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If you weren't there, that will never change.

In a scene that values credibility, why do people need to make things up?

By

If you weren't there, that will never change.

Cokie the Clown - taken at the show, because we were there.

©Nicole Lucas
The Misfits famously broke up at their annual Halloween Show at the Greystone in Detroit. Drummer Brian Damage had become too drunk to play and was escorted off the stage, and Necros drummer Todd Swalla was recruited to fill in for the rest of the set. Tensions continued to build, and frontman Glenn Danzig ultimately announced that would be the band's last show. They were no more.

Black Flag (in its Rollins-fronted version) also played their last show in Detroit, although not so spectacularly. They didn't have an onstage breakup, with Greg Ginn deciding that he was done a month later.

Neither of these were large affairs in large venues, but if you ask around the Detroit scene, it seems as if everyone was there. A friend once quipped that if everyone who said they were at either of these shows were actually there, they would have been stadium performances.

I was just thinking of this after I read that Screeching Weasel bassist Dave Klein had announced that he was leaving the band to play bass with the new Greg Ginn-backed version of Black Flag (more on both of the Black Flag reunions is here). Klein was a recent addition to Screeching Weasel, part of the new lineup created in 2011 after another famous dissolution - Ben Weasel's band unanimously decided to leave him after his violent outburst at 2011's SXSW music conference, where he struck multiple women at the performance, including the club's owner.

I wasn't at any of these performances. I was a bit too young for the Detroit events, and I was across town at another show on the night of the Ben Weasel incident. I had planned on attending the Screeching Weasel show, but got kidnapped by the Mighty Stef and his band, and instead ended up drinking beer on a trampoline with none other than Bob Geldof before catching a performance by John Grant in a church and almost getting kicked out of our hotel. That's just a hint of what happened that night, but it's all the details you'll get out me, because as Stef himself sings in "John the Baptist Part 2," you don't talk about what happened in Texas.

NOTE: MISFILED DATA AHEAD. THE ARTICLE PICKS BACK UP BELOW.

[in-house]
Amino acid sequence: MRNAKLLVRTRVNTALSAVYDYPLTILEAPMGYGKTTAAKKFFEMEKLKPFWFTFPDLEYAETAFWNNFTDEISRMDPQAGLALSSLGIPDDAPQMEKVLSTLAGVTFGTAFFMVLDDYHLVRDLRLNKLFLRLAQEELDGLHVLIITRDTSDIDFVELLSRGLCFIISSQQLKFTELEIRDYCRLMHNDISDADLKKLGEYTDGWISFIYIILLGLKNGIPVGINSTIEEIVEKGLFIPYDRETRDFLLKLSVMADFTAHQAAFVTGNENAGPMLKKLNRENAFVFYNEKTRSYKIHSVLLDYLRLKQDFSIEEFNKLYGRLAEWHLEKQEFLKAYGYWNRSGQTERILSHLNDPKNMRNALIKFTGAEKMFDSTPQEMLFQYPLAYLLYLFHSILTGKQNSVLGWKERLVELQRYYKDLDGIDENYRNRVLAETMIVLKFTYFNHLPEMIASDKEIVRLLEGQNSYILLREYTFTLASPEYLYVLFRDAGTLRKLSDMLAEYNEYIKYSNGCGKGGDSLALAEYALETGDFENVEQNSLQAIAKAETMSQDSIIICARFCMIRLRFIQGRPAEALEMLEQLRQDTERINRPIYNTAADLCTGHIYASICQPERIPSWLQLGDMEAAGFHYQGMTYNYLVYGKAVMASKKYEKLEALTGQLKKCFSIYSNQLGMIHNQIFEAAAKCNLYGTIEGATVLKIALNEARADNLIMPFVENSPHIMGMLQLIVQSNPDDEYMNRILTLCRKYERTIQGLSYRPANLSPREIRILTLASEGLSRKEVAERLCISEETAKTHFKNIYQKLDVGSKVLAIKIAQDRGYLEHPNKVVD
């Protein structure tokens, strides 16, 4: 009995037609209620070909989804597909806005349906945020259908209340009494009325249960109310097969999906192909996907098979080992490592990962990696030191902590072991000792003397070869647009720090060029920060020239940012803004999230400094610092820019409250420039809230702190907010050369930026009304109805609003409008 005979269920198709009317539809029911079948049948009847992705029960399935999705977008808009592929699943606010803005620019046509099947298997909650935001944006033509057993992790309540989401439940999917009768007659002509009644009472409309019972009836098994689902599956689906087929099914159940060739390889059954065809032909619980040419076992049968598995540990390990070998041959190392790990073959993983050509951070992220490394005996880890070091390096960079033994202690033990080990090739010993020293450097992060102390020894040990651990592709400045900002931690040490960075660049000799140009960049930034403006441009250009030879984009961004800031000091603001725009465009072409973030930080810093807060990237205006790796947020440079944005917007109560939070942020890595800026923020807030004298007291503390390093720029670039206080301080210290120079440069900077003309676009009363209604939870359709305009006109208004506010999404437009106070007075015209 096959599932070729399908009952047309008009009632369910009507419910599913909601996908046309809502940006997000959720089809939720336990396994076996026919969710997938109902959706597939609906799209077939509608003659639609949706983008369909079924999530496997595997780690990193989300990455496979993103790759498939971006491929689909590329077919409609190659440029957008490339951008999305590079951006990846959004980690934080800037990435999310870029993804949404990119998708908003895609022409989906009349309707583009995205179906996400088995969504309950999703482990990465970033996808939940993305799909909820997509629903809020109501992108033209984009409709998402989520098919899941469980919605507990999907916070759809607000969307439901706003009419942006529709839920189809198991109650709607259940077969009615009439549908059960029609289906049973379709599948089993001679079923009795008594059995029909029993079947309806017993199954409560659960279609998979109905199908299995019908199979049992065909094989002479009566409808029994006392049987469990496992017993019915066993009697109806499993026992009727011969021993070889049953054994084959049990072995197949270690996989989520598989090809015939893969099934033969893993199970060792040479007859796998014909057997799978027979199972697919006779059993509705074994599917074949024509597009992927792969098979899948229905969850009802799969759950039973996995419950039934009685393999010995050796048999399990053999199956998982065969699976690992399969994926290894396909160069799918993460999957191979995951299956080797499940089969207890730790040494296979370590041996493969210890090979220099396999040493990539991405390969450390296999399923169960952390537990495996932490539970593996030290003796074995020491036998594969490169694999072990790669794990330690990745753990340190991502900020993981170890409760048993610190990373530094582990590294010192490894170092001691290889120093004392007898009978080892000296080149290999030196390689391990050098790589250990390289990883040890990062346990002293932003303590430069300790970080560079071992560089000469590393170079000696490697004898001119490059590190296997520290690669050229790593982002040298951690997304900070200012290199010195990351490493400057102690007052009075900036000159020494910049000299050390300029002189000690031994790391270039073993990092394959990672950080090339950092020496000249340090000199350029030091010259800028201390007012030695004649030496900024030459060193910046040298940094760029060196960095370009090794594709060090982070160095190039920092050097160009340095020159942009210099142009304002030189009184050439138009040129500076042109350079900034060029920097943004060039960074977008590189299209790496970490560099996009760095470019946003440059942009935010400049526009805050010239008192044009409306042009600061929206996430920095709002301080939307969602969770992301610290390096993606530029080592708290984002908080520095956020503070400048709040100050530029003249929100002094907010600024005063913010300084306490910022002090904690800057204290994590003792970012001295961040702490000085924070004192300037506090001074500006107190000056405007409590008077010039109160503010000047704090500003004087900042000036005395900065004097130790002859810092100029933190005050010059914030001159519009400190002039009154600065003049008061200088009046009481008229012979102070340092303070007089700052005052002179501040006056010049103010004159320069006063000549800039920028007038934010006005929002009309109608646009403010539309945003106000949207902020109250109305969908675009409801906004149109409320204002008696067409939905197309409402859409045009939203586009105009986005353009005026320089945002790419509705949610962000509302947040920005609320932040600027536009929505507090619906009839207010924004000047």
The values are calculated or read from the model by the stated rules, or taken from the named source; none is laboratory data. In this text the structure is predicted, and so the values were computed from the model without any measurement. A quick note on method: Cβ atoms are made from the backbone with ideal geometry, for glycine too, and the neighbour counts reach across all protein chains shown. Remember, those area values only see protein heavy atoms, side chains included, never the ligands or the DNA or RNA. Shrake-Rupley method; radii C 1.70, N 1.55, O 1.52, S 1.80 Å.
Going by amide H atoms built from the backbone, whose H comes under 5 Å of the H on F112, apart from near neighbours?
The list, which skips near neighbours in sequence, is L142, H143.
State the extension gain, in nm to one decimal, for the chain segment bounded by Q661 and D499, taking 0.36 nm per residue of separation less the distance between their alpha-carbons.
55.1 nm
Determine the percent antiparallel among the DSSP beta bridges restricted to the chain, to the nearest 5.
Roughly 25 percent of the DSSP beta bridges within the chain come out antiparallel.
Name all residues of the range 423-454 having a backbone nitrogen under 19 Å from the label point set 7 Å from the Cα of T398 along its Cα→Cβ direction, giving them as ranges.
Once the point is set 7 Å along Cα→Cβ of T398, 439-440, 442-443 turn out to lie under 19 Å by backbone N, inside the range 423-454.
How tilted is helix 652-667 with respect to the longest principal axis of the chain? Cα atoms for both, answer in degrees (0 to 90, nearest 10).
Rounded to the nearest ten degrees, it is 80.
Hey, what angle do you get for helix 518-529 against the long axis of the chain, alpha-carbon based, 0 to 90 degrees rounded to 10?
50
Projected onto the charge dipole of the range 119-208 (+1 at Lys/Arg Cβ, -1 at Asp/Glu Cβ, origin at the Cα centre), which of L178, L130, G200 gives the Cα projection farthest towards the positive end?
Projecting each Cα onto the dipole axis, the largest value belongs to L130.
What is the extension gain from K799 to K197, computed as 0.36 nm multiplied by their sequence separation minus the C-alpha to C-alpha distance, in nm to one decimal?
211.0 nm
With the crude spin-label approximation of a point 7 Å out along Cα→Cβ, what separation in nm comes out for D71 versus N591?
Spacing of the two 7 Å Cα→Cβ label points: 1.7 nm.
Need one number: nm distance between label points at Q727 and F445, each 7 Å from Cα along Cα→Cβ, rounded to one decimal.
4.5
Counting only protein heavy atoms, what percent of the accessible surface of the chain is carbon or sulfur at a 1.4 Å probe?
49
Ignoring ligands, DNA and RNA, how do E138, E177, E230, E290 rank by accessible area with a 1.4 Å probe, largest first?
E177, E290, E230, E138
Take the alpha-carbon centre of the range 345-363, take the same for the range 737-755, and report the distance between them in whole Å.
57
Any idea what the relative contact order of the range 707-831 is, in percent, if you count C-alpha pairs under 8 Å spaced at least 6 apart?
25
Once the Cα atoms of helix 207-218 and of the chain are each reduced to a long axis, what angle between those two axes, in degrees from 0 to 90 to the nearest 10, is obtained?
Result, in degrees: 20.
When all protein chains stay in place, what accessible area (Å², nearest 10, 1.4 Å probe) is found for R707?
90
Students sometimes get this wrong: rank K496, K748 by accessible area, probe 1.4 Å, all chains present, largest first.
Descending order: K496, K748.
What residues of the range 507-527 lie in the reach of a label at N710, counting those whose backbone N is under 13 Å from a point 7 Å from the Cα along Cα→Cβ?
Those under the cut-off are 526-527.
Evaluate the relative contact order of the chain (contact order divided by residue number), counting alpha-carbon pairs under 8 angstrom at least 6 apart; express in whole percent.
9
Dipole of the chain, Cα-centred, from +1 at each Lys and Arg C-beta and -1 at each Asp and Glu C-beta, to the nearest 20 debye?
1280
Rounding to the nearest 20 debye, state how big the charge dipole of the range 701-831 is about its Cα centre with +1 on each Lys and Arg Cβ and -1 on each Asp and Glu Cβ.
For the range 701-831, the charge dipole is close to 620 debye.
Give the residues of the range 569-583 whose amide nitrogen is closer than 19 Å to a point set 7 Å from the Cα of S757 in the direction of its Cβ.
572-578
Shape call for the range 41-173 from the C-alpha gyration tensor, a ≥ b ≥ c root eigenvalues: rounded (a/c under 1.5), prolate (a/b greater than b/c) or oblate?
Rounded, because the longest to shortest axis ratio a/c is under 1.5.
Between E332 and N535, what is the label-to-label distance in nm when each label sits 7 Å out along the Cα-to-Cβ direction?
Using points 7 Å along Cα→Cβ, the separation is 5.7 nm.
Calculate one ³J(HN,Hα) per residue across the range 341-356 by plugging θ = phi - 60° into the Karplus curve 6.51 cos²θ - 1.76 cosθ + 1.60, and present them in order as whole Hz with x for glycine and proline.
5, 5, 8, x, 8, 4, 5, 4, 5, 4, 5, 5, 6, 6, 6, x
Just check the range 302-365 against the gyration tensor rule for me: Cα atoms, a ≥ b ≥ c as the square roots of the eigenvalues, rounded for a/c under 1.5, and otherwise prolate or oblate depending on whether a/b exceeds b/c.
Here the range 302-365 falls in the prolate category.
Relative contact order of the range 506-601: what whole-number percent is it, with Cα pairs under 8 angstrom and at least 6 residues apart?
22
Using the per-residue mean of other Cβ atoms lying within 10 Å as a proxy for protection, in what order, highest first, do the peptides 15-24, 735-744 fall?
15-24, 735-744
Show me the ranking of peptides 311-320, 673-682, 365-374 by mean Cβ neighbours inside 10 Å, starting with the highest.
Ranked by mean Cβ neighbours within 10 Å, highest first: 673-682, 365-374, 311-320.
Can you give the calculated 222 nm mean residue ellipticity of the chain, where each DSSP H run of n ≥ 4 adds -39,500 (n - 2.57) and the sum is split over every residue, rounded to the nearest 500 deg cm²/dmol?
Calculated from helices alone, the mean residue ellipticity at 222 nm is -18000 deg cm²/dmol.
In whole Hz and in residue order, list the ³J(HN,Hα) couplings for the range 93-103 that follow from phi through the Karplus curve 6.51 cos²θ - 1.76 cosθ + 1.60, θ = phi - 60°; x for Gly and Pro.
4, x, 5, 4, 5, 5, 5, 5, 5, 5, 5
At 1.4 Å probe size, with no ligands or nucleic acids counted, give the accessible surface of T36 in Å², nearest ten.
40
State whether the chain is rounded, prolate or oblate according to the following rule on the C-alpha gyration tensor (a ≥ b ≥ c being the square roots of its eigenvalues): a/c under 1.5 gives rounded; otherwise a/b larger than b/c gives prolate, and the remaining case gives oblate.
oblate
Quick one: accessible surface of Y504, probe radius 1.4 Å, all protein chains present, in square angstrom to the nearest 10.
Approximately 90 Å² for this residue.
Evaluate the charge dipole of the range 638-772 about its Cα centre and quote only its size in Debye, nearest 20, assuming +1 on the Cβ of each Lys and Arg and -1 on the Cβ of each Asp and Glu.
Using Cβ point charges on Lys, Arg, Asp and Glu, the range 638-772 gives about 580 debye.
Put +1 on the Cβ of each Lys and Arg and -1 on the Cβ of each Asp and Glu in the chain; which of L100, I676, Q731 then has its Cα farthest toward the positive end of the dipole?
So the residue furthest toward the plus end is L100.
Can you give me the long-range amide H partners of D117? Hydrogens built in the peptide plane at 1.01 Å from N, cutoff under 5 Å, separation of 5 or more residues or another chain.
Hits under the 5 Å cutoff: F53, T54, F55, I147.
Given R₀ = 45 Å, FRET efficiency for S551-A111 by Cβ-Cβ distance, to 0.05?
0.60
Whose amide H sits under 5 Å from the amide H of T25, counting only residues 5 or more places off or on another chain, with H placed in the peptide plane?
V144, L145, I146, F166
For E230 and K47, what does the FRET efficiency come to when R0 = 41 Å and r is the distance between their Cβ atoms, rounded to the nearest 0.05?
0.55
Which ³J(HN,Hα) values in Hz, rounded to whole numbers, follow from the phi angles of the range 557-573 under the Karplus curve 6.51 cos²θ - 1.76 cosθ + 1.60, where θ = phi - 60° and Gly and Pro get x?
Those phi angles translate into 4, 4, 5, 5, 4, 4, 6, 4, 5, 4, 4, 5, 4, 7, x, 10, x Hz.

Where am I going in all this? I'll get to that now.

The Ben Weasel show was one other colossal affair, like the Black Flag and Misfits shows, but like those shows, it became a colossal affair after the fact. I spoke with someone who saw the show, and he said that it wasn't very good to begin with, and that Weasel was sullen throughout the performance and said some very harsh things about SXSW and about how little he was being paid to be there. He also said that there really weren't that many people at that show either. And yet, days after the fact, the buzz on the webs by all the people who said they were there escalated it to another show that would have been at a much larger venue.

Over the years, I have been lucky enough to witness some amazing performances on large and small scales. I was at the infamous Cokie the Clown performance at SXSW where he fed the crowd shots of tequila that were later to revealed to be mixed with his urine (and later yet revealed that was not the case). I saw Bauhaus frontman Peter Murphy play a solo show where he finished his set and left, only to return almost a half hour later after the house light had come up to play one more encore because he was having a good time. I stumbled into third row tickets for Tom Waits in Detroit, and second row in the same venue for Beck when the Flaming Lips were his opener and backup band. And on the inverse end, I have caught tiny bands in tiny places all over the world that will most likely be forgotten due to their small scale.

I have been so fortunate to see so many amazing and sometimes infamous shows, but it's never occurred to me to fabricate being at shows that I actually wasn't. It's enough to say, "it would have been cool to be there," and hear the story from those who were. Inventing your presence demeans the event and its precious nature, and really, what's the point? Fabricating your presence at the show will never change the fact that you weren't there, and it gets in the way of hearing how things actually went.

I wasn't at the show at Detroit's Magic Stick when Jack White struck Von Bondies frontman Jason Stollsteimer , but I've talked to people who were, and again the show has over the years escalated in size by virtue of all the people who said they were there. In a music scene that values credibility so highly, I find it amazing that fans demean the same credibility by magically allowing them to witness events after the fact.

Seriously, if you weren't there, saying you were won't change the past.

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